But then a conscious experience of a red object is an experience of a property that essentially involves conscious experience. We are experiencing a property that is constituted by experience (a disposition to bring about experience); we are consciously aware of a property whose nature itself incorporates conscious awareness. Let me say, somewhat loosely, that the property refers to conscious experience—reaches out to it, embraces it. In analyzing the property we certainly refer to experience (unlike the case of shape), so it is not too much of a stretch to say that the property itself makes such reference. Then the following can be stated: visual consciousness refers to a property that refers to visual consciousness. My experience refers to the property of being red (the cup in front of me is red) and redness itself refers to experience of red (including the experience I am now having). So visual consciousness is self-referential: it refers to something that refers to itself. This is because color is defined in terms of subjective experience: that is what color is. To put it differently, color is a projection of consciousness (not an objective trait of things); so when we perceive color we perceive a property that comes from within consciousness. Consciousness spreads color on the world, so perception of color is perception of what is so spread. To put it loosely, we perceive our own consciousness (more exactly, we perceive a property that is a product of our consciousness). Thus it is that consciousness is self-referential—even when it is the basic kind of sensory awareness of the world. The world of visual perception is a world suffused with our own subjectivity, so awareness of objects in that world involves awareness of that very subjectivity. We might express this by saying that perceptual consciousness is “covertly self-referential”—implicitly, consciousness is consciousness of consciousness.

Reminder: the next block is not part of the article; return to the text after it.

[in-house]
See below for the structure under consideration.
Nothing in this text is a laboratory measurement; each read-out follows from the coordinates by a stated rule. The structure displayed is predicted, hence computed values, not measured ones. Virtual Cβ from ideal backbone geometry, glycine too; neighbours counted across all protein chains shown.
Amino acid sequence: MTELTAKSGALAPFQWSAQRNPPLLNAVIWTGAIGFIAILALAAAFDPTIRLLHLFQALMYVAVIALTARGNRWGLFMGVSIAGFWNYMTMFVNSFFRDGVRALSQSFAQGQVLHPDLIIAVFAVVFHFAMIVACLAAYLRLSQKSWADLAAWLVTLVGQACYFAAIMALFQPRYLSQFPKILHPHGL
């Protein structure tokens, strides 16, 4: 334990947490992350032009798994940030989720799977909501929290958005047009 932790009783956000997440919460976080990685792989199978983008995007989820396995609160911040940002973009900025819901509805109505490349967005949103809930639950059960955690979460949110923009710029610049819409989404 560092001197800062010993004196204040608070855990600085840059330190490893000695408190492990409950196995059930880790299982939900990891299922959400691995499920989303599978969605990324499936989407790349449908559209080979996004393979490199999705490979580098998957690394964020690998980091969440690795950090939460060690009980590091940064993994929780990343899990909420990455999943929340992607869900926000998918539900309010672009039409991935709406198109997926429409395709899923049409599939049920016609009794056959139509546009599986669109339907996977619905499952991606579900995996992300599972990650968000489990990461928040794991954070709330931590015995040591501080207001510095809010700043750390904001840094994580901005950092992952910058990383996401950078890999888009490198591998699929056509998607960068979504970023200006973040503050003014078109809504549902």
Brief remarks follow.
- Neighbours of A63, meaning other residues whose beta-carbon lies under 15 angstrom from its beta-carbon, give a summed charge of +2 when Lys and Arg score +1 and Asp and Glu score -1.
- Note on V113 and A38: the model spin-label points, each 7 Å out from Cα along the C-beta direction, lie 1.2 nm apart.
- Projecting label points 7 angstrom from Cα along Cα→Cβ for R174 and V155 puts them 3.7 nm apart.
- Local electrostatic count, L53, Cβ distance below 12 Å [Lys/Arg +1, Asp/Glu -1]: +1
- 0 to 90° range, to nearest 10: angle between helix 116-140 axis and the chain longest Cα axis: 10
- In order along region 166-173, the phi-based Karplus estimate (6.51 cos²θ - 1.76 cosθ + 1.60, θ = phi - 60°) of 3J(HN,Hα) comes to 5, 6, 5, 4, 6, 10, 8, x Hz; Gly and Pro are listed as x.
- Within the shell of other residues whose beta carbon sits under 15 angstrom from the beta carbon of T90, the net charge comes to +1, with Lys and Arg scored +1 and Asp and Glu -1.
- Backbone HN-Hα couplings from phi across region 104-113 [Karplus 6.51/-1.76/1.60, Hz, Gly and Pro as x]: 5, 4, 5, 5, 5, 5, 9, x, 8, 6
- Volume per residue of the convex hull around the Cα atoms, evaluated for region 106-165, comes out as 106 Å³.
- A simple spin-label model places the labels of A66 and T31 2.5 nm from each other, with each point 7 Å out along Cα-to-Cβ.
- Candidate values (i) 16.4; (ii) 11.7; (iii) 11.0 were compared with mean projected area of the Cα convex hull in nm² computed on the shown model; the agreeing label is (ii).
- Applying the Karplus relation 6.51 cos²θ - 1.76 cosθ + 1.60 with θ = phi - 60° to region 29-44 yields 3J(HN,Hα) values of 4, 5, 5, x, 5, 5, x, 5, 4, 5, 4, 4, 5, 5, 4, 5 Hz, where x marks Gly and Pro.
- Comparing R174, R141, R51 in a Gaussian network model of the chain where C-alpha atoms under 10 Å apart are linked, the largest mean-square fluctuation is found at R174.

An objection may be mooted: that may well be true for color, but what about the other senses? Well, the other senses also have their secondary qualities, so the same argument applies. Take taste: when something tastes bitter it is apprehended as having a property that is defined and conferred by a disposition to taste bitter—so when we taste a bitter object we are aware of a property that is constituted by experience of bitterness. Bitterness is response-dependent. Thus we can say that tasting an object is “self-tasting”: we taste a property that consists in experiences of tasting. To be aware of a taste is to be aware of a quality of consciousness—how things taste subjectively. Tastes refer to experiences of tasting, so to perceive a taste is to perceive something that refers to tasting. Thus in tasting something one refers back to oneself: one has spread tastes on the world, and then one reaps the benefit of one’s own dispensation. To change the metaphor, one sows seeds in the world and then one harvests the results of what one has sown. Consciousness harvests itself.